Rated 2.5 out of 5 by 20
Rated 1.0 out of 5.0 by Robo Not what I was expecting
This product is very thick. So thick I couldn't really use the putty knife to smack on the wall. Takes 48 hours to dry.
August 31, 2015
Rated 5.0 out of 5.0 by imladyred Does what it's supposed to do!
Painter's Putty was introduced to me by a professional painter. You take a small piece of the putty, roll it to shape you want it to be, put it in place, then paint over it. It MUST be painted over. It is not wood filler, it's not meant to be wood filler. If the directions are followed and used in the manner this product was designed for, it works great. I have used it fill nail holes on crown molding, etc., and it works great. For a nail hole in a regular wall, I'd use wood filler.
July 22, 2012
Rated 4.0 out of 5.0 by GaryWasher Read the fine print carefully!!!
This is NOT a general purpose filler for wood or anything else. It is for filling very small holes or cracks in wood. It must be painted within 48 hours for small holes or cracks. It can also be used as glazing, although I do NOT recommend it for that purpose. If used for glazing, you must wait up to 2 weeks before priming! Use a specialized glazing material for that instead.
This requires a specialized handling procedure which results in a material that never fully hardens, in order to remain flexible and provide a good seal over wide temperature variations. Read all of the fine print on the container before using.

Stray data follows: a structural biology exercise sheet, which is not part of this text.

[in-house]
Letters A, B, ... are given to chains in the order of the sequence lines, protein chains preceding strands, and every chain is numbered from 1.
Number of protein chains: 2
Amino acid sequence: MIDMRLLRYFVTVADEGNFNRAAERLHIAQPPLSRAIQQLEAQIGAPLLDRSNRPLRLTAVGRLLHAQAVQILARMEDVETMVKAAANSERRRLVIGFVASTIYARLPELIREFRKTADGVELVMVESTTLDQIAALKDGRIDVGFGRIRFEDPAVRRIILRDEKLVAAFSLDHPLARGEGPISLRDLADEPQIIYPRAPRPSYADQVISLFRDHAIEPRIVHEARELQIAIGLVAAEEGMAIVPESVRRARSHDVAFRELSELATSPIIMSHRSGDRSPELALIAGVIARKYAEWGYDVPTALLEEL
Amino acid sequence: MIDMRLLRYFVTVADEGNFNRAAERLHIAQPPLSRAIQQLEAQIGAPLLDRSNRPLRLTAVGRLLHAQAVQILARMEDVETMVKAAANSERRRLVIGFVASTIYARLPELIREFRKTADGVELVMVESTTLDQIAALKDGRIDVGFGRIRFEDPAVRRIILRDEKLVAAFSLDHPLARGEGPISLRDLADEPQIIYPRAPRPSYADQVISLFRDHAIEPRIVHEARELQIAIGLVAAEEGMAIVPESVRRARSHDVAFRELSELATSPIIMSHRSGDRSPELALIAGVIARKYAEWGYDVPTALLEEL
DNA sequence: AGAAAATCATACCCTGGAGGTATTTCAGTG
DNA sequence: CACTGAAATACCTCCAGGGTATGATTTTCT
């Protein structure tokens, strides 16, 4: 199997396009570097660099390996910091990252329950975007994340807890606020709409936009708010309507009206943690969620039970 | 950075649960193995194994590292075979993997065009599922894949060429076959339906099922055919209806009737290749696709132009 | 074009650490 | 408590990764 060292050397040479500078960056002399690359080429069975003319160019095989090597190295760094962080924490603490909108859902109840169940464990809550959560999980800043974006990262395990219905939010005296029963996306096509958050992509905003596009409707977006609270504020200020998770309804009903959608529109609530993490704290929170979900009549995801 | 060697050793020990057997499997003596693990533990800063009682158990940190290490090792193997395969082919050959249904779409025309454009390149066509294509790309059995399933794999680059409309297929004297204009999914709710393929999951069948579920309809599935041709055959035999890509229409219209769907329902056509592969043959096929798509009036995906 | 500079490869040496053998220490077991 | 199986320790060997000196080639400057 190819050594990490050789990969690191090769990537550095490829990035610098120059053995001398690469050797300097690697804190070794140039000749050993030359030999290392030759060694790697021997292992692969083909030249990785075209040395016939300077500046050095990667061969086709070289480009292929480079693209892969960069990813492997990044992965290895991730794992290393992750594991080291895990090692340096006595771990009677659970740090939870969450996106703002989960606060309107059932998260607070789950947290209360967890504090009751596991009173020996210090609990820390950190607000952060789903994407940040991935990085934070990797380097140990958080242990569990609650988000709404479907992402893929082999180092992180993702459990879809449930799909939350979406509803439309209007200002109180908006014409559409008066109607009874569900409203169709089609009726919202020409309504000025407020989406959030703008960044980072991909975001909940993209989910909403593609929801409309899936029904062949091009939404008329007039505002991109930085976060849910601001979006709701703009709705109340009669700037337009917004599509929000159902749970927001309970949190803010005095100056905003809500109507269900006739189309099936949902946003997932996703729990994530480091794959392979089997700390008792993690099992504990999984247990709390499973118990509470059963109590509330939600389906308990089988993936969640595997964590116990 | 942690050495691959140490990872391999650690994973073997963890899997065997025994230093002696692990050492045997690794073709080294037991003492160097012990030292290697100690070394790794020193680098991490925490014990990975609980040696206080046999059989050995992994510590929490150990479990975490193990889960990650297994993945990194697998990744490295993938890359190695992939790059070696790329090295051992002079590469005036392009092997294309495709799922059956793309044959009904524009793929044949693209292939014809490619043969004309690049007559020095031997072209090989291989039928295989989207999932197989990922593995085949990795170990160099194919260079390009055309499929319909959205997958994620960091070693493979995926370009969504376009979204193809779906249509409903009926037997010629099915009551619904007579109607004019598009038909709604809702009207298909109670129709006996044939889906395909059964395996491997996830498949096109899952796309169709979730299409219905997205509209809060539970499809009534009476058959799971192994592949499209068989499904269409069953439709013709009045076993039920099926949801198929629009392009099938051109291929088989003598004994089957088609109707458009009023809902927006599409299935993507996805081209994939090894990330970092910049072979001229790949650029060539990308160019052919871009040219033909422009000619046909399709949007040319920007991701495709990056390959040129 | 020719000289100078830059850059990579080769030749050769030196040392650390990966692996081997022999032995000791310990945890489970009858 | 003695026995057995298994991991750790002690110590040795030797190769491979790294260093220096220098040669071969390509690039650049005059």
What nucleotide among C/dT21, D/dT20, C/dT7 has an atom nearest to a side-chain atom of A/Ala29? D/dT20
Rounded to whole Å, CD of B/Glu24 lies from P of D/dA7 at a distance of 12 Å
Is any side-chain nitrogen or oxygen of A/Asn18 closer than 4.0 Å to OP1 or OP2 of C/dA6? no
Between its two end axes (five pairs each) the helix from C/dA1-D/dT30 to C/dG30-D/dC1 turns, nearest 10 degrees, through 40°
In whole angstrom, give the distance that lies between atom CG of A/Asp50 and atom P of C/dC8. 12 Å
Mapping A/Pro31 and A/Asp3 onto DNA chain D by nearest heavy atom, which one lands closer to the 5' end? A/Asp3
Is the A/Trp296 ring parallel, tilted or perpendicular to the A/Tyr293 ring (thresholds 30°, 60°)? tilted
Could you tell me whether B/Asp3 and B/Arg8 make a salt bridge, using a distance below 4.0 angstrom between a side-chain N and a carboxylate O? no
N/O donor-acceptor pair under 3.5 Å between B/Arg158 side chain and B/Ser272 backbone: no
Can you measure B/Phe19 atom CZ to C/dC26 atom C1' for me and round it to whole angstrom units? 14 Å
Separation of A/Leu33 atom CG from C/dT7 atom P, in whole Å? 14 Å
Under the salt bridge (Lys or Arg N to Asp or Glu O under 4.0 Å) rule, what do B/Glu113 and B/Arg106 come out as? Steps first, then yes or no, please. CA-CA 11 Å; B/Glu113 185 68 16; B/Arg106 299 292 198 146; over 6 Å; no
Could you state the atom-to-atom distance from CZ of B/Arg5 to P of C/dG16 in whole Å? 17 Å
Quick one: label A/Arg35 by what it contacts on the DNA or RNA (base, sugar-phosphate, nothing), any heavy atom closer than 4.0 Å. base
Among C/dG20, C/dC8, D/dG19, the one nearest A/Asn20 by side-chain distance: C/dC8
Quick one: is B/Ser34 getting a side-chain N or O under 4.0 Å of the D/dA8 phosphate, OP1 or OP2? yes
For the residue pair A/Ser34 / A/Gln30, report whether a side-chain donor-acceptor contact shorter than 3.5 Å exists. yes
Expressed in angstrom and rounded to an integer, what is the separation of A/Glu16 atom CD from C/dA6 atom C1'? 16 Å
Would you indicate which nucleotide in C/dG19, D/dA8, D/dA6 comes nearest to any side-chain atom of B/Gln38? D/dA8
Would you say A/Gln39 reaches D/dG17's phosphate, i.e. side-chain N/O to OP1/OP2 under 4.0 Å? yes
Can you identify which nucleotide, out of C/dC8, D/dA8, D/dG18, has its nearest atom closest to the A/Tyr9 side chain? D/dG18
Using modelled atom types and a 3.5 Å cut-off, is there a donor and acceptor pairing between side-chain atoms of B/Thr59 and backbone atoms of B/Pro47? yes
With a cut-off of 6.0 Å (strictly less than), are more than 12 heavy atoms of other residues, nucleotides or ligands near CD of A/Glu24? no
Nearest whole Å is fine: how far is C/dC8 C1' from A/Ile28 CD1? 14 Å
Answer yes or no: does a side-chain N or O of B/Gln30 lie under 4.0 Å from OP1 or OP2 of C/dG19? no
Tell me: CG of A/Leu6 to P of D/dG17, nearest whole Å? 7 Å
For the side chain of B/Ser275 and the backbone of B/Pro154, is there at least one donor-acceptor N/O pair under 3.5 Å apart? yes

The main problem I have with this product is the labeling, which does not effectively warn the user of the very long setting times. If you do not specifically know what this product does and need that usage, do not buy it. There are many more suitable products for general purpose work.
January 13, 2014
Rated 1.0 out of 5.0 by DonP Label Very Misleading
The front label says "for filling nail holes, dents and cracks in wood surfaces". This product is not sand-able in 48 hours. I was expecting to be able to sand in a reasonable drying time. The front label says "exceptional paintability". The back label In the very small print that I needed a magnifying glass to read says paintable with latex based paint. But to read on you find out that you have to prime it first with an oil base paint.
April 17, 2015
Rated 2.0 out of 5.0 by DTHOU Do not expect to use qucikly for patching nail holes in trim and moldings
Product should be labeled more clearly - I thought I was getting something to quickly patch small finishing nail holes in trim moldings and prime over maybe 30 or so minutes later.
This is useless as a patch if you expect to use it an any reasonable amount of time following application and also is not sandable. If you do not wish to wait days or even a week before you can paint over it then don't use this product.
Don't do what I did and use it and later figure out it doesn't dry as you'd expect a patch to. I used and ended up having to blow out all of it with compressed air and clean off with paint thinner so I could re-do it with a product with dries fast and actually get the job done and prime in an afternoon.